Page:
I am starting off my book report section with an autobiography from one of the greatest action stars in the world, Arnold Schwarzenegger. I must confess that the only reason I started reading this book was to pick up some tips on improving my own workout regimen. A few of my good friends in high school and I started working out together the summer before heading odd to college. I never took it very seriously, but I did enjoy spending time outside the house. Though we all improved a bit, my buddy Nikola took the cake and really showed the rest of us up when it came to power lifting. He said this book put him on the right track and helped him a lot. Though I thought it was a little silly, I couldn’t argue with the results. Thanks, Nik!

The book Arnold: The Education of a Bodybuilder has two main parts. The first half of the book recounts Arnold’s rise from humble beginnings as the son of the police chief in the small village of Thal to the superstar bodybuilder who took over the Mr. Universe competition and became an international star at the age of 20. The rest of the book is chock-full of Arnold’s personal workout plan to go from zero to pumped up in a span of a year or so. It all depends on how committed you are.

The first component of the book features Arnold’s tales of growing up in a household that refused to acknowledge him. He started weight training when he was 14 when his soccer coach advised it for all players. He soon came to love the training more than soccer and started going to his local gym a few times a week. His family was very cold about his new interest and harped on him to work on something that actually “mattered” but he found new father figures in a few of the older men who also trained in the gym. He soon fell in lo
ve with the idea of bodybuilding and began the long journey of pushing himself towards success, his final goal being the Mr. Universe competition which he ends up winning in 1967 when he’s only 20 years old.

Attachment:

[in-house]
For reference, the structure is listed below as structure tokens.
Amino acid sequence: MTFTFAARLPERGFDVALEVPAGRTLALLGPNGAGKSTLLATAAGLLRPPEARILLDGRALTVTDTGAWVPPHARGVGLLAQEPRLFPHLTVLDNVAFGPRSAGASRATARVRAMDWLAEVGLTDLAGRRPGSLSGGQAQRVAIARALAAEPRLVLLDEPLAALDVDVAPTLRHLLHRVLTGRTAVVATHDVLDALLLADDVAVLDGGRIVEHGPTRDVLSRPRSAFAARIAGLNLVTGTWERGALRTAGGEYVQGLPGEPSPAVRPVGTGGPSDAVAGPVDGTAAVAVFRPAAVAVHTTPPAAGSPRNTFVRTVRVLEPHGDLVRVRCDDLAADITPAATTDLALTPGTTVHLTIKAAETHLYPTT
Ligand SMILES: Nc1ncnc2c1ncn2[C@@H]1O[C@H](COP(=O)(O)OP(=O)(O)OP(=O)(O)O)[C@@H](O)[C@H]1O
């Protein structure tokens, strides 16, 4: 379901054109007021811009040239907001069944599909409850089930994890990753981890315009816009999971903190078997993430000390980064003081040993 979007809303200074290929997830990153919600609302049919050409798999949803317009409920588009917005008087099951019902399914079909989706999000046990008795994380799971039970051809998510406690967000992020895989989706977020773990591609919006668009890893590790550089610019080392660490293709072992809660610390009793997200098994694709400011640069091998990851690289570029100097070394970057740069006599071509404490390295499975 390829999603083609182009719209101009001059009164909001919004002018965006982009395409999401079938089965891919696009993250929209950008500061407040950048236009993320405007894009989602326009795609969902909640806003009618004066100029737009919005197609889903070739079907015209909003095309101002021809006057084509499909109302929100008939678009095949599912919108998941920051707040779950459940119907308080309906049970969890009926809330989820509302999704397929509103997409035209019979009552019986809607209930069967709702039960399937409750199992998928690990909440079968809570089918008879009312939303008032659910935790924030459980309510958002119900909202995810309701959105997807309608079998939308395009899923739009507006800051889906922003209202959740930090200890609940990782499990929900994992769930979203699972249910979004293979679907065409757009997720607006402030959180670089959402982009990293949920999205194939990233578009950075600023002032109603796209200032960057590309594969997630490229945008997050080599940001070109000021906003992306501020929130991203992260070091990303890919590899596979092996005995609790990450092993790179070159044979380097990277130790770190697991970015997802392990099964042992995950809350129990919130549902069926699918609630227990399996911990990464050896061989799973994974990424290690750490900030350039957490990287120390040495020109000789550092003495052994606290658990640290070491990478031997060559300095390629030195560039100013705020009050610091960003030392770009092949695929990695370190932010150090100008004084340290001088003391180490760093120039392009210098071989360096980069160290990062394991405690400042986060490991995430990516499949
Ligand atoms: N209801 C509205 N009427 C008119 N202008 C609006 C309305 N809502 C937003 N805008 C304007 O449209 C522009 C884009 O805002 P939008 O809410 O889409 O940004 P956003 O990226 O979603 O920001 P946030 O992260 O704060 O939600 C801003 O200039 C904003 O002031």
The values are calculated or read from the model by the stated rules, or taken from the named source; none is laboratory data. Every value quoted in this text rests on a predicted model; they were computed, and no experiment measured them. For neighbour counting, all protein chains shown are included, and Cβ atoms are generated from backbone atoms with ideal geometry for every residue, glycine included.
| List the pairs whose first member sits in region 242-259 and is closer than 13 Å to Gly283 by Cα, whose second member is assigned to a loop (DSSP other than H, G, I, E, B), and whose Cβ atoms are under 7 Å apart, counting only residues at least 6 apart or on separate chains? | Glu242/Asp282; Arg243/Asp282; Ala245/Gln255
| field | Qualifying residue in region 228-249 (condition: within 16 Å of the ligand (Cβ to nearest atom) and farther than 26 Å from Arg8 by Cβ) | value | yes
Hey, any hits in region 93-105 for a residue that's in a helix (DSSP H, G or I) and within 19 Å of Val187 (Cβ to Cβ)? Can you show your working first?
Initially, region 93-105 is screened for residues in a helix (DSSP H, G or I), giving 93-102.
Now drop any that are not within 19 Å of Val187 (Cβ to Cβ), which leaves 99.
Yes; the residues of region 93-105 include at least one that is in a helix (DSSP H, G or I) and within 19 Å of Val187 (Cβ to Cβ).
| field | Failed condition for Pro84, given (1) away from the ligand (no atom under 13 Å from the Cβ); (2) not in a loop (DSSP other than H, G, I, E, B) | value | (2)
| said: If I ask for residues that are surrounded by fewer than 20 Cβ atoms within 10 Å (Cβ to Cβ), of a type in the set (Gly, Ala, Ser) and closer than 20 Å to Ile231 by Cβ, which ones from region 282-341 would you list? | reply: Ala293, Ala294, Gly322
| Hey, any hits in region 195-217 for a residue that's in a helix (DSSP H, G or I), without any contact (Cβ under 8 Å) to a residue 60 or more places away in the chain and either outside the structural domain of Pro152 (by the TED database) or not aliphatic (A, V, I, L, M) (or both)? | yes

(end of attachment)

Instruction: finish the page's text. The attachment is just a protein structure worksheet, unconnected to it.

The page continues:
The second component, Arnold’s personal workout guide, takes up the rest of the 256 pages. It goes from beginner to champion bodybuilder and gives step-by-step tutorials for each of his prescribed lifts coupled with pictures of the man himself pumping the weights like a pro. The language reeks of Arnold awesomeness with phrases like “that’s a sissy way to do it” and “I got incredible pumps.” Mr. Schwarzenegger uses a lot of positive language, and you can feel the excitement in his words as he describes the benefits of proper form and technique. It is very well-structured and easy enough that even the biggest sissy can figure it out.

All in all, this was a very nice read. It isn’t overly enlightening or intelligent, but the positive language and the Arnold Schwarzenegger-isms. It was much more fun than I expected a book on bodybuilding to be.  I’ve been lifting weights off and on since I started playing football in middle school. I’m not new to the gym and I already know most of the exercises in this book, but I never would have thought lifting could be so beneficial to my mental health until I read it.

Notable quotes:

 “You must approach all of your training with a positive mental attitude and the firm conviction that you will succeed.”
“Seeing tremendous growth and change in yourself can open new worlds for you.”

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